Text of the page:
Adam Sparkes, the Canadian Association of Petroleum Producers' manager of intergovernmental affairs, said his group will work with whichever national government is elected on October 14. A number of oil sands projects are planned or under construction, but some companies are delaying upgrades, citing soaring cost increases.
Liberal leader Stephen Dion said the plan could expose Canada to trade retaliation. "It's because I care about Alberta that I want carbon pricing, a price on greenhouse gas emissions that would be credible, to protect us again a situation where the exportation from Alberta around the world will be stopped by tariffs," he told reporters.

Isn't this very good news for the integrated oil sand co's and the refiners with cokers?


09-30-08, 11:39 AM
Isn't this very good news for the integrated oil sand co's and the refiners with cokers?


The purely politically motivated "pile-on" against the oil sands continues...

You can be sure of a few things however:
The export of oil sands bitumen and synthetic oil to the USA will "never" be banned. I put "never" in quotes because I am well aware that the US Congress, Senate and Adminstration(s) are perfectly capable of utter incompetence, and therefore "anything" can happen. For a time. But there won't be any sustainable banning of the export of so-called "dirty oil" from Canada to the Lower 48. Downsizing from an Escalade to DeVille just won't do it, ;) and the US is refusing to recognize that the number of politically reliable sources of crude is shrinking. Its other continental supplier, Mexico, will not long have the net surplus crude to export to the US.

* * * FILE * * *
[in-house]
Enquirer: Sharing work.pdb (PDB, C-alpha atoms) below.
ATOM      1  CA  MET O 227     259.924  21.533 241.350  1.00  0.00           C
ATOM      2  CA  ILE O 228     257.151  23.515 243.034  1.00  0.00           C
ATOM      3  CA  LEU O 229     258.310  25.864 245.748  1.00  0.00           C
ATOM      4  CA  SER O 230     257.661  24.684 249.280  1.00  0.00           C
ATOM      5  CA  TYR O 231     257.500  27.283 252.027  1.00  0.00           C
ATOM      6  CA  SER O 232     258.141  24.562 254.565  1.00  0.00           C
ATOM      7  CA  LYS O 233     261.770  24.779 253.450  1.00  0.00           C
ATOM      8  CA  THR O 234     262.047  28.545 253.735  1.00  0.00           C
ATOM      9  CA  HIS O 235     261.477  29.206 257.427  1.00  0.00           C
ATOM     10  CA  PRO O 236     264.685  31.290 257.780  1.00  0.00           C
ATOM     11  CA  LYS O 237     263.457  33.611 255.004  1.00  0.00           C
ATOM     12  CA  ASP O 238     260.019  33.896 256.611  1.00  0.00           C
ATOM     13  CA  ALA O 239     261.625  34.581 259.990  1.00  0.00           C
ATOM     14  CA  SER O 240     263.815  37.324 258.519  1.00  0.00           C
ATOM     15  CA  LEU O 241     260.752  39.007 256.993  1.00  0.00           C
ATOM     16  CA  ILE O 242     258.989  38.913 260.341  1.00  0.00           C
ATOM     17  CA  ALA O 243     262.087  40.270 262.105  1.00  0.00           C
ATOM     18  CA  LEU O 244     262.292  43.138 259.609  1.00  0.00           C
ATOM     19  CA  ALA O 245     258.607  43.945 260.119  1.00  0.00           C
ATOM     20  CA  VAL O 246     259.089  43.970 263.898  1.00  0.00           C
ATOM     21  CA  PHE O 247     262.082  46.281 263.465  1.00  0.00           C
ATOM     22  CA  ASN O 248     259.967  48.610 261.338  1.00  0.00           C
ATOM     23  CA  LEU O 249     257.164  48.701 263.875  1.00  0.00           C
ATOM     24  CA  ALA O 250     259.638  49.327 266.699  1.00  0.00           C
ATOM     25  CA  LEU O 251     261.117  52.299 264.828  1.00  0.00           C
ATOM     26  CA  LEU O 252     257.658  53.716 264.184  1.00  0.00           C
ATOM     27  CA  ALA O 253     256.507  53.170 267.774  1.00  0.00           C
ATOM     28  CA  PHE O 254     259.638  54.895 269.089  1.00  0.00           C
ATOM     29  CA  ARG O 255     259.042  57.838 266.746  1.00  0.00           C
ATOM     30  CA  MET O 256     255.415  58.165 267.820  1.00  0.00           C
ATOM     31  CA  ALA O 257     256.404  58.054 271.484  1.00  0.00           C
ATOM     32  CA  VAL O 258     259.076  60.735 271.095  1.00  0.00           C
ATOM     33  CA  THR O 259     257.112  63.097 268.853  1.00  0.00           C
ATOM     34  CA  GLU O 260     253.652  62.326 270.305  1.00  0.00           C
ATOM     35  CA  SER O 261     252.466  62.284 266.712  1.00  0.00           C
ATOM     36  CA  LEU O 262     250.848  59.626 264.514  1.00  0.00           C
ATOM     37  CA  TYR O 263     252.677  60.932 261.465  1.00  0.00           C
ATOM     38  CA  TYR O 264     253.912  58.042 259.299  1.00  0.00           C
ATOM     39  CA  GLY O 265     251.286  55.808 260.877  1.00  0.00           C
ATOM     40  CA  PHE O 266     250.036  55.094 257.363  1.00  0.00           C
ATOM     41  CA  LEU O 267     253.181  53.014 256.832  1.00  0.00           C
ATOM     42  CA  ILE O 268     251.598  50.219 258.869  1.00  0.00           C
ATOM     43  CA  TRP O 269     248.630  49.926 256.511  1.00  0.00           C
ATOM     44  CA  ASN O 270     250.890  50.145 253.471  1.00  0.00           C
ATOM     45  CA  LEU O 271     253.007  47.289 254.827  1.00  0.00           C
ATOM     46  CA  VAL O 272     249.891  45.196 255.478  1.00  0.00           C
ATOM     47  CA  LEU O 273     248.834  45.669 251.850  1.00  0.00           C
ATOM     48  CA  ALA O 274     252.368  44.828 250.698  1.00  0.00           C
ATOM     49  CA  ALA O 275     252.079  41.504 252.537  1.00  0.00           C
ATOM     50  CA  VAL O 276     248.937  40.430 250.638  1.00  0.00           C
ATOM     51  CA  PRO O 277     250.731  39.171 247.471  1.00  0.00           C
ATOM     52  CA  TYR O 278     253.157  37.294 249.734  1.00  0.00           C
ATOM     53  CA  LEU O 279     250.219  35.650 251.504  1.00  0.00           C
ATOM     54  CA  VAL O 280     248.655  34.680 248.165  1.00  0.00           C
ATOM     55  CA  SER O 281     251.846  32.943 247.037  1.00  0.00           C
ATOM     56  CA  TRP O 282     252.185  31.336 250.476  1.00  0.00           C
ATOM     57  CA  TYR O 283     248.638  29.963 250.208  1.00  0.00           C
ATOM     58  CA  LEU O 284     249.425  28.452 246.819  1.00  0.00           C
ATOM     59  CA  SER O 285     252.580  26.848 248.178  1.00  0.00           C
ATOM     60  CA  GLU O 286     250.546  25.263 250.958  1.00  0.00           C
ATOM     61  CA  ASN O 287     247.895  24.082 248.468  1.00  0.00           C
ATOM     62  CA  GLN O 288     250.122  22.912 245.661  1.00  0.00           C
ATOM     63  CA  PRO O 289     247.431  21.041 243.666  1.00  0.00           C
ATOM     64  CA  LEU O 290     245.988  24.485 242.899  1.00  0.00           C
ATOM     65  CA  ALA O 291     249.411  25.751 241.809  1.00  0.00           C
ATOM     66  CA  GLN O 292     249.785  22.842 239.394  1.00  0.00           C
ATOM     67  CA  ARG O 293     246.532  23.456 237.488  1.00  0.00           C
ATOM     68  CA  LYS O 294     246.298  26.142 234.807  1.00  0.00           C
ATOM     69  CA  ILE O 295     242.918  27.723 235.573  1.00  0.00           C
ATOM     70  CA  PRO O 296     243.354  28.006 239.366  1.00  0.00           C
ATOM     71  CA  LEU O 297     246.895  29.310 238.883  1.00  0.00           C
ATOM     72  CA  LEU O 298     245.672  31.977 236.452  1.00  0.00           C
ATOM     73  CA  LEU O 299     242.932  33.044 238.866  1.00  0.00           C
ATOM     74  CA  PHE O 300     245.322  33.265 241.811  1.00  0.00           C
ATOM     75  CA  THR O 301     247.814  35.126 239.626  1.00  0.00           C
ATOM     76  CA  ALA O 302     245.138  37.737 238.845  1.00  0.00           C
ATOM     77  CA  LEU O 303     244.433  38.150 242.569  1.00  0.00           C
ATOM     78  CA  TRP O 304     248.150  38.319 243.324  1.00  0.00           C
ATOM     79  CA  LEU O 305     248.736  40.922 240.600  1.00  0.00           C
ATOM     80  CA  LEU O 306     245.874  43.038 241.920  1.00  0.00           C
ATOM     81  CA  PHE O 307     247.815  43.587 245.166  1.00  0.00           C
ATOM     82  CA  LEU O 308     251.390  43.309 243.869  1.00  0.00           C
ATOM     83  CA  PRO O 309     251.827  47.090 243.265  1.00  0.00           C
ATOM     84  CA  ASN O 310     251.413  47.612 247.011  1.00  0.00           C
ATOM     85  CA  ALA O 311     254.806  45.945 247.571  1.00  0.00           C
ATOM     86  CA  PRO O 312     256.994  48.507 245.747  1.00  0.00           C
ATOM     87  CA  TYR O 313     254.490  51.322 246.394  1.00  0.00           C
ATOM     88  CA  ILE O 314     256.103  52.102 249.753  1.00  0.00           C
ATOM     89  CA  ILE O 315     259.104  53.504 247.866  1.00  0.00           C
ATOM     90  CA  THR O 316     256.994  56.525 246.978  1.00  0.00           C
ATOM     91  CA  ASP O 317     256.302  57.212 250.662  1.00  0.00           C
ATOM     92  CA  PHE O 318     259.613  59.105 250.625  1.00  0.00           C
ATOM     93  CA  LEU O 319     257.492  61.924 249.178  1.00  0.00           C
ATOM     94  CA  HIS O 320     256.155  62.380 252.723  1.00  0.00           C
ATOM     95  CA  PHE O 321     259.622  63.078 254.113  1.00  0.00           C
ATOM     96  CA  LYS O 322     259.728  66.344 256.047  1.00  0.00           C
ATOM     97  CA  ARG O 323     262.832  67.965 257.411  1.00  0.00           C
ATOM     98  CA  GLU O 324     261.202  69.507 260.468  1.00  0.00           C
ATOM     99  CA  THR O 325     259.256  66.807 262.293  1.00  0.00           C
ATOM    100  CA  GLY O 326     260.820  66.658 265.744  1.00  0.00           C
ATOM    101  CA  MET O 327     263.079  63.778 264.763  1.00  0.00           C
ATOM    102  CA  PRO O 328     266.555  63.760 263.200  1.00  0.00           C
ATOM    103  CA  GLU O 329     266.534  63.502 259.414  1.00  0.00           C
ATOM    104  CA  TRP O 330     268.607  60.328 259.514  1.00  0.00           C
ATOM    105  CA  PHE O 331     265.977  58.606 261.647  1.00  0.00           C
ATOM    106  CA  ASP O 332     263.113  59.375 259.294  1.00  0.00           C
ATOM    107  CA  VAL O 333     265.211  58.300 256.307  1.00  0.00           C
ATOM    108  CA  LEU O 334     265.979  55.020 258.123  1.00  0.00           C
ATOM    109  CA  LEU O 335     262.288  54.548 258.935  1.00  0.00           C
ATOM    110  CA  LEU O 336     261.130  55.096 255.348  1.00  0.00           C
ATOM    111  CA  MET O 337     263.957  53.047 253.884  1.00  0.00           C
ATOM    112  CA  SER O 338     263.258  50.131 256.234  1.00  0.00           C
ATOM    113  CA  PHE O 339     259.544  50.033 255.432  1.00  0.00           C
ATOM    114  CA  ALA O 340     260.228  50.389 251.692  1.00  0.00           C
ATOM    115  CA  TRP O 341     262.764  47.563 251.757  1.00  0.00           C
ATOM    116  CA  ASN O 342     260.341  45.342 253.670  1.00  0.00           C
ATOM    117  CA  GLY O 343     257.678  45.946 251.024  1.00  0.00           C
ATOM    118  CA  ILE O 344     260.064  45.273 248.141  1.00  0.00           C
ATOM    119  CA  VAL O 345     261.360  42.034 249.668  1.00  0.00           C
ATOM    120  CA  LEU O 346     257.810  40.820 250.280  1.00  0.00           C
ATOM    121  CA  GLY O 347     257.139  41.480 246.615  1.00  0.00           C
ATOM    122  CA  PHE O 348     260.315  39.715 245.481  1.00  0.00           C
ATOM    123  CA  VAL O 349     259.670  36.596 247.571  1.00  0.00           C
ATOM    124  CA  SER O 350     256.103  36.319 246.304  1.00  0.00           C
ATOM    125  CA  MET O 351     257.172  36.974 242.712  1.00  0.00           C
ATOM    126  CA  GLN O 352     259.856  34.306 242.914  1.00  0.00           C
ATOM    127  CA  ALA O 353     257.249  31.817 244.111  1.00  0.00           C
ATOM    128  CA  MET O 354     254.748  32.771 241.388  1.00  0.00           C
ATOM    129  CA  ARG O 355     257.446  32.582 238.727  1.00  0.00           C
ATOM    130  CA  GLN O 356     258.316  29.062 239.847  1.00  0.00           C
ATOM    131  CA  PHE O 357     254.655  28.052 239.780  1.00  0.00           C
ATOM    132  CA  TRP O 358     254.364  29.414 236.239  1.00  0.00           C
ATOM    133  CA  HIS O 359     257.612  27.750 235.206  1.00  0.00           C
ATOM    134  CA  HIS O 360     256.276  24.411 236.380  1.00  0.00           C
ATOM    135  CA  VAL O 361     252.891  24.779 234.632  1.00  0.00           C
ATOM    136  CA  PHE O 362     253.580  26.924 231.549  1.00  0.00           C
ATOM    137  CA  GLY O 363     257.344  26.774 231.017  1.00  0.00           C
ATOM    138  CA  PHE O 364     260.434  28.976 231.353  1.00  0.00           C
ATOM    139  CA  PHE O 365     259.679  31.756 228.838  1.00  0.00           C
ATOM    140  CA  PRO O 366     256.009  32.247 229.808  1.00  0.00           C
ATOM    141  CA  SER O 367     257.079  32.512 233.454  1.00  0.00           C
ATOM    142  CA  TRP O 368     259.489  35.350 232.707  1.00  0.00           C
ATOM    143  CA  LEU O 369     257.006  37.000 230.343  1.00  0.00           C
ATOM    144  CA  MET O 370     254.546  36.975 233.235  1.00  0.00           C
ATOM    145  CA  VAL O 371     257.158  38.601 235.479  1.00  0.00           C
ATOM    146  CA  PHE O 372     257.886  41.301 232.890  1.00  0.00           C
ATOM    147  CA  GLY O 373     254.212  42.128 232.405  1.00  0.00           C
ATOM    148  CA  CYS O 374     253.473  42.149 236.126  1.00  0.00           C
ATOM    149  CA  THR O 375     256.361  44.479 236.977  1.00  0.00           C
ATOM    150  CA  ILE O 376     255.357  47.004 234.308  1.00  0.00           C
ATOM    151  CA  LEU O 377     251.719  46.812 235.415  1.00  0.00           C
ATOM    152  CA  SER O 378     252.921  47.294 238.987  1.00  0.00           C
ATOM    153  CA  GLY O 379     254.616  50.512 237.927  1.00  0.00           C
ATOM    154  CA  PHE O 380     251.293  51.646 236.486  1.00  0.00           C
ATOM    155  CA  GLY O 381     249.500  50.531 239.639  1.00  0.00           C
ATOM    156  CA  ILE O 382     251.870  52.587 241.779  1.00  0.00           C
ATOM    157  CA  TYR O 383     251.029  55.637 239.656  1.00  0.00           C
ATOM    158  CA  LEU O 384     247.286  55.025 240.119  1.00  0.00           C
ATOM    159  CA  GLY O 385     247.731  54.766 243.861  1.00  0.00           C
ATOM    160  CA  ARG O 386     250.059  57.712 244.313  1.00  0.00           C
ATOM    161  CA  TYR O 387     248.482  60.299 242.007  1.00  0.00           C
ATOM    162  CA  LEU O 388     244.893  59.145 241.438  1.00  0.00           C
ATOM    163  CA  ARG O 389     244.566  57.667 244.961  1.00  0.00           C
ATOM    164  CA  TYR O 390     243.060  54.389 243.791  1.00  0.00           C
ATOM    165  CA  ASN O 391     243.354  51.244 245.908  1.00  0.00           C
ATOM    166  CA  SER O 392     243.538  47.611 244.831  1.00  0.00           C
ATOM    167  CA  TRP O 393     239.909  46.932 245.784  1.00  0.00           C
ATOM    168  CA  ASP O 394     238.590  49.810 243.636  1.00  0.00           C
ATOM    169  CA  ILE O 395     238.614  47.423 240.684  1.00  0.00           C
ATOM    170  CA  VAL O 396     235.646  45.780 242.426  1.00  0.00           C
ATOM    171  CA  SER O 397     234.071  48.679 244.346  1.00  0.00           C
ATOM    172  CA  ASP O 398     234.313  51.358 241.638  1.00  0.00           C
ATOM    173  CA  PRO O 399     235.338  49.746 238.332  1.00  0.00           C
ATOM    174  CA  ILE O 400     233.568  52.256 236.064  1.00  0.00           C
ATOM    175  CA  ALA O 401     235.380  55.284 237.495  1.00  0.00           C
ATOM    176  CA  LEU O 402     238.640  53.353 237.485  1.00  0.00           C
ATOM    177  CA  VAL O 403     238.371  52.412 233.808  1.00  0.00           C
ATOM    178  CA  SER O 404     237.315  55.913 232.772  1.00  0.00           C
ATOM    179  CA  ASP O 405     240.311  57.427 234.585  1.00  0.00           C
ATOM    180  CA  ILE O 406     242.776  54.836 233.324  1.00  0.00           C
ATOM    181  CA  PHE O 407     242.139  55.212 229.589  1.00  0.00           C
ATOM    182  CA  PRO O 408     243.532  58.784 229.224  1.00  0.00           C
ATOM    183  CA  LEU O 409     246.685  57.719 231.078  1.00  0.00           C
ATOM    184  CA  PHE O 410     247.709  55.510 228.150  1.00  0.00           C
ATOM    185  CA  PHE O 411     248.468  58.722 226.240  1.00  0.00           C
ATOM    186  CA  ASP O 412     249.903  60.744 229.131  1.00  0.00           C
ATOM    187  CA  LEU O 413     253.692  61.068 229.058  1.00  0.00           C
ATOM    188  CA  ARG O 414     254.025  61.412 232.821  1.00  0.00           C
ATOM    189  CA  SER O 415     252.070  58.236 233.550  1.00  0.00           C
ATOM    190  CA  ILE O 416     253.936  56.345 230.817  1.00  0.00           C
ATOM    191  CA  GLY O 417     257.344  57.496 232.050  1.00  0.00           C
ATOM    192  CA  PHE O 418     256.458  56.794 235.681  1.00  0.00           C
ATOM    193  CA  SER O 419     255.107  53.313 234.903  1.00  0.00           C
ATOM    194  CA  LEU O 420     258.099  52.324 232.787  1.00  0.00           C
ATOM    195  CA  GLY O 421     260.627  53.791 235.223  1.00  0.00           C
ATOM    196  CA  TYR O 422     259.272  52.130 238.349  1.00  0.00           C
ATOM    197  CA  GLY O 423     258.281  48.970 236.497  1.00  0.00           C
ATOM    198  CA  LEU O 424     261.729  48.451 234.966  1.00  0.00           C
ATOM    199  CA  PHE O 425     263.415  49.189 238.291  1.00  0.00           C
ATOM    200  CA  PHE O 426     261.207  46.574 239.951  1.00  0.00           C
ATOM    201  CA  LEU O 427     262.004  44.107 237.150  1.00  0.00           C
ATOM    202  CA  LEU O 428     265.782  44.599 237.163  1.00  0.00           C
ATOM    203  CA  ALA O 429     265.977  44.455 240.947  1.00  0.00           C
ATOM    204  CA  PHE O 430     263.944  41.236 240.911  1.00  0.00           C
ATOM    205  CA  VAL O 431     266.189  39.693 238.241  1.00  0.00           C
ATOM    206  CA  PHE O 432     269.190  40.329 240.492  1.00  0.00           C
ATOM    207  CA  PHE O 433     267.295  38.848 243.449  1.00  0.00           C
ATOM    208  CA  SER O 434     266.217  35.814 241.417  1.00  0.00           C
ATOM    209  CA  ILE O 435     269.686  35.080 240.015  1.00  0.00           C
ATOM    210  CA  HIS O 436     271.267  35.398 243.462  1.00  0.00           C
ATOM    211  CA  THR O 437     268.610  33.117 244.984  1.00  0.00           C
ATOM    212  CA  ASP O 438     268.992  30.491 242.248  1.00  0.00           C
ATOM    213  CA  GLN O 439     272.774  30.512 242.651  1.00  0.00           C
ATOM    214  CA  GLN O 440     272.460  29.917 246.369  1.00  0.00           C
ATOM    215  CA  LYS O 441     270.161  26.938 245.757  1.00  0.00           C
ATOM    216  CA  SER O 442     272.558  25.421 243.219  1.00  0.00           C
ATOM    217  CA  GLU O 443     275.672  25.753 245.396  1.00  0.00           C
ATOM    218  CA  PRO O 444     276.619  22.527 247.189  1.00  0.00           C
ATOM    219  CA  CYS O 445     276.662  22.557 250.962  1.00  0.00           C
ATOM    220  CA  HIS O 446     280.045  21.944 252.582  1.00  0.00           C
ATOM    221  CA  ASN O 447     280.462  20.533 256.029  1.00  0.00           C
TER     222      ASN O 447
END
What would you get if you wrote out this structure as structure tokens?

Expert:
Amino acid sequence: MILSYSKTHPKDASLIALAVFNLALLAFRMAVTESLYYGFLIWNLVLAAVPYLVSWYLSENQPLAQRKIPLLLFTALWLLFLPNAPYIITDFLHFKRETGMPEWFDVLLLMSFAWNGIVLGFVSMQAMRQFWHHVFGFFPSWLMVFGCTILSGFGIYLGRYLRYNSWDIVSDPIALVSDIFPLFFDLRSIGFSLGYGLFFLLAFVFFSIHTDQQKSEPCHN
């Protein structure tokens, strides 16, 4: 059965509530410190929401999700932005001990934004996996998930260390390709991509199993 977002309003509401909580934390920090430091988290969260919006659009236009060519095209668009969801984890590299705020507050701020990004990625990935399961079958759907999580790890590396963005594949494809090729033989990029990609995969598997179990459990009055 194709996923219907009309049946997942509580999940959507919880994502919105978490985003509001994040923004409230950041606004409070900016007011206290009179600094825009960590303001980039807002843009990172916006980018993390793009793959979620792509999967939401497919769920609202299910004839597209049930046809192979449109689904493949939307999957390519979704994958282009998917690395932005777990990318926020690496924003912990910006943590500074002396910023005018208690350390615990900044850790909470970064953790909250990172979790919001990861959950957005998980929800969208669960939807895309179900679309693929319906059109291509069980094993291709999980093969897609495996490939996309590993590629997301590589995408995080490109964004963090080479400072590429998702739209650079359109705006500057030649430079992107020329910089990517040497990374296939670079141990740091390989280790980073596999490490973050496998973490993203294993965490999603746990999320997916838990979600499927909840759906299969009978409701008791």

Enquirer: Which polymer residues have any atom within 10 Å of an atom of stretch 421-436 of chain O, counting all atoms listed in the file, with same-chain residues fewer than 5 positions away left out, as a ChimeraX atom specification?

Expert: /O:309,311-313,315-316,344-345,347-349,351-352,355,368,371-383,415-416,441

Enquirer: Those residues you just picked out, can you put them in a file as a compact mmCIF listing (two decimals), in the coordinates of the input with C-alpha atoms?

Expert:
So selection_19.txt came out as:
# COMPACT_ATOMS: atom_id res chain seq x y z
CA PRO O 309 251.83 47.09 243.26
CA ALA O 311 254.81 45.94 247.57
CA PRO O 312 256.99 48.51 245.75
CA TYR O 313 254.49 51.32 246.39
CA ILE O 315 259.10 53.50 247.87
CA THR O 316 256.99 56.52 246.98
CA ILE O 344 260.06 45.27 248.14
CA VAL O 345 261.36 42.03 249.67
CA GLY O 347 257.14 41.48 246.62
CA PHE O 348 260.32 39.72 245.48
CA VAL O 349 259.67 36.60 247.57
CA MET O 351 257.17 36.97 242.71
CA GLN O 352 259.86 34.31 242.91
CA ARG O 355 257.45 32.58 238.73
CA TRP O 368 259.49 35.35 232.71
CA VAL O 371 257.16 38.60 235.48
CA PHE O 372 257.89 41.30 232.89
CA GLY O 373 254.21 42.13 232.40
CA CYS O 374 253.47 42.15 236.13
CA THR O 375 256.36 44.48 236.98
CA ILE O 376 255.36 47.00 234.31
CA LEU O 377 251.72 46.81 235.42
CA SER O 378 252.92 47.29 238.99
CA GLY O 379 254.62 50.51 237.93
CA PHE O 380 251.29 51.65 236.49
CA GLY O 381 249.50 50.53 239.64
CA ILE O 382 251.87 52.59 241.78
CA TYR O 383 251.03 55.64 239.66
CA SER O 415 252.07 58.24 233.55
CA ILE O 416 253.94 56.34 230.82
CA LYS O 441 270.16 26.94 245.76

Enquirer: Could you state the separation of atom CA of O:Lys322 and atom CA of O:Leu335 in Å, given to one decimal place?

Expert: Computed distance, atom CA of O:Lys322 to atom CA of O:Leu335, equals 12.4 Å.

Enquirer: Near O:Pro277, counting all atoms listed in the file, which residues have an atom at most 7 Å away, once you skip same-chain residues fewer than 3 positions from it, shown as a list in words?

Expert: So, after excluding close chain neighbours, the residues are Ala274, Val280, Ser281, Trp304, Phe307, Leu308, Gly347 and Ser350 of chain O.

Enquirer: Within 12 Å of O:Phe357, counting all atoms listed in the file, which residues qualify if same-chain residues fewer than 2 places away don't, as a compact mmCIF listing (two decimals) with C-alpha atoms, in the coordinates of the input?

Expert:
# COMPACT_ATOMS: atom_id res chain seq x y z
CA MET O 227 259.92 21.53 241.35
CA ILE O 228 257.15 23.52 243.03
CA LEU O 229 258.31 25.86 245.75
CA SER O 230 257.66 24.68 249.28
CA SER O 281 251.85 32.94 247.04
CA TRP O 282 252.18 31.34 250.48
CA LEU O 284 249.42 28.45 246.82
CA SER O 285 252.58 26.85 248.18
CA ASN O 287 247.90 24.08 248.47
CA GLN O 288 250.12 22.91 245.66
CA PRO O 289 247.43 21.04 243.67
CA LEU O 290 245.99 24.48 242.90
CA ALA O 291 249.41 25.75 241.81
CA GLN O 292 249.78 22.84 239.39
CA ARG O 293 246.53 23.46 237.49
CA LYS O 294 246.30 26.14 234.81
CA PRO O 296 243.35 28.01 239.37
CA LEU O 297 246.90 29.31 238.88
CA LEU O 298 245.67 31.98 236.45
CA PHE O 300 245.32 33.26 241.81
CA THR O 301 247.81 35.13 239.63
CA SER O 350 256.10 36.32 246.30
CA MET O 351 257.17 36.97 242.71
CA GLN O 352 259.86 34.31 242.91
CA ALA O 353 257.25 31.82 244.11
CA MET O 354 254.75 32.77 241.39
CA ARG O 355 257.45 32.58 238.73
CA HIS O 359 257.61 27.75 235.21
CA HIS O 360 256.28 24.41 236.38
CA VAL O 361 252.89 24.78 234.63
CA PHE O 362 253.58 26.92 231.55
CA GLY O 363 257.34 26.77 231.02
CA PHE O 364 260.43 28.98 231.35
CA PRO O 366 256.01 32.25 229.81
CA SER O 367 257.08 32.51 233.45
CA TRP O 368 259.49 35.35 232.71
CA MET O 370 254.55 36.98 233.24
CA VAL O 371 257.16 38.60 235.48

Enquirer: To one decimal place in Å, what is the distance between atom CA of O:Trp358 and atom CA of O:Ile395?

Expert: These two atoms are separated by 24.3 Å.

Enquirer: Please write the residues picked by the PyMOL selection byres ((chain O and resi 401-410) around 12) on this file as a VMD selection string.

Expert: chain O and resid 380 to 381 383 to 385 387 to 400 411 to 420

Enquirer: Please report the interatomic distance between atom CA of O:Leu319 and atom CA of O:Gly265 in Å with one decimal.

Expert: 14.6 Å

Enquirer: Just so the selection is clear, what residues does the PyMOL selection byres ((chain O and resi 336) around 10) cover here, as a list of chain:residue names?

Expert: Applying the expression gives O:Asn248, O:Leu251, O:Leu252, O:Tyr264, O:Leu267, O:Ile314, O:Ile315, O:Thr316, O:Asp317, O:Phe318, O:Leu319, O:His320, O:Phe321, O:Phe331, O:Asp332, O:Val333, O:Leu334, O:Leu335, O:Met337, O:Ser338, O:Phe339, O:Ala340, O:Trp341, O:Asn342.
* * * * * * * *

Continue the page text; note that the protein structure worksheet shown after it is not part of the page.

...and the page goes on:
Harper's in the middle of a re-election campaign that could still go either way, and the opposition Liberals have a carbon-tax policy as the main plank in their election platform. That isn't going over very well with most voters according to the polls, but there still remains a fairly significant consituency of Canadians that think climate change and saving the planet is the most important issue; like any politician Harper is cravenly trying to cater to that cohort.
Stephan Dion couldn't give a damn about Alberta, beyond the ability of the province to fund transfer payments to Central Canada. Frankly neither does Harper, even though he's from that province.
Similar to the North American natural gas E&P activity, the "pile-on" in the oil sands combined with the credit contraction and the province's higher royalty tax is shutting down new investment. Completely out of control costs for new construction (no deflation there...at least not yet) combined with a vocal "anti-everything" attitude from the politicians, public and press shows no signs of abating, so I would judge the existing integrated producers will ultimately have a considerable competitive advantage. Most of the new money going into oil sands leases has been foreign (France's Total, Norway's Statoil, Sinopec, etc). I am sure many are now concerned about the investment uncertainty being created by the behaviour of both the Provincial and Federal Governments.
I am sure that the ownership changes in 4 have not escaped the notice of the US authorities. Not ever wanting to pay for what it needs (even in depreciating bonars), maybe the current effort is to severely devalue oil sands assets so that US interests can scoop them up very cheaply? Now there's a thought worthy of $#*...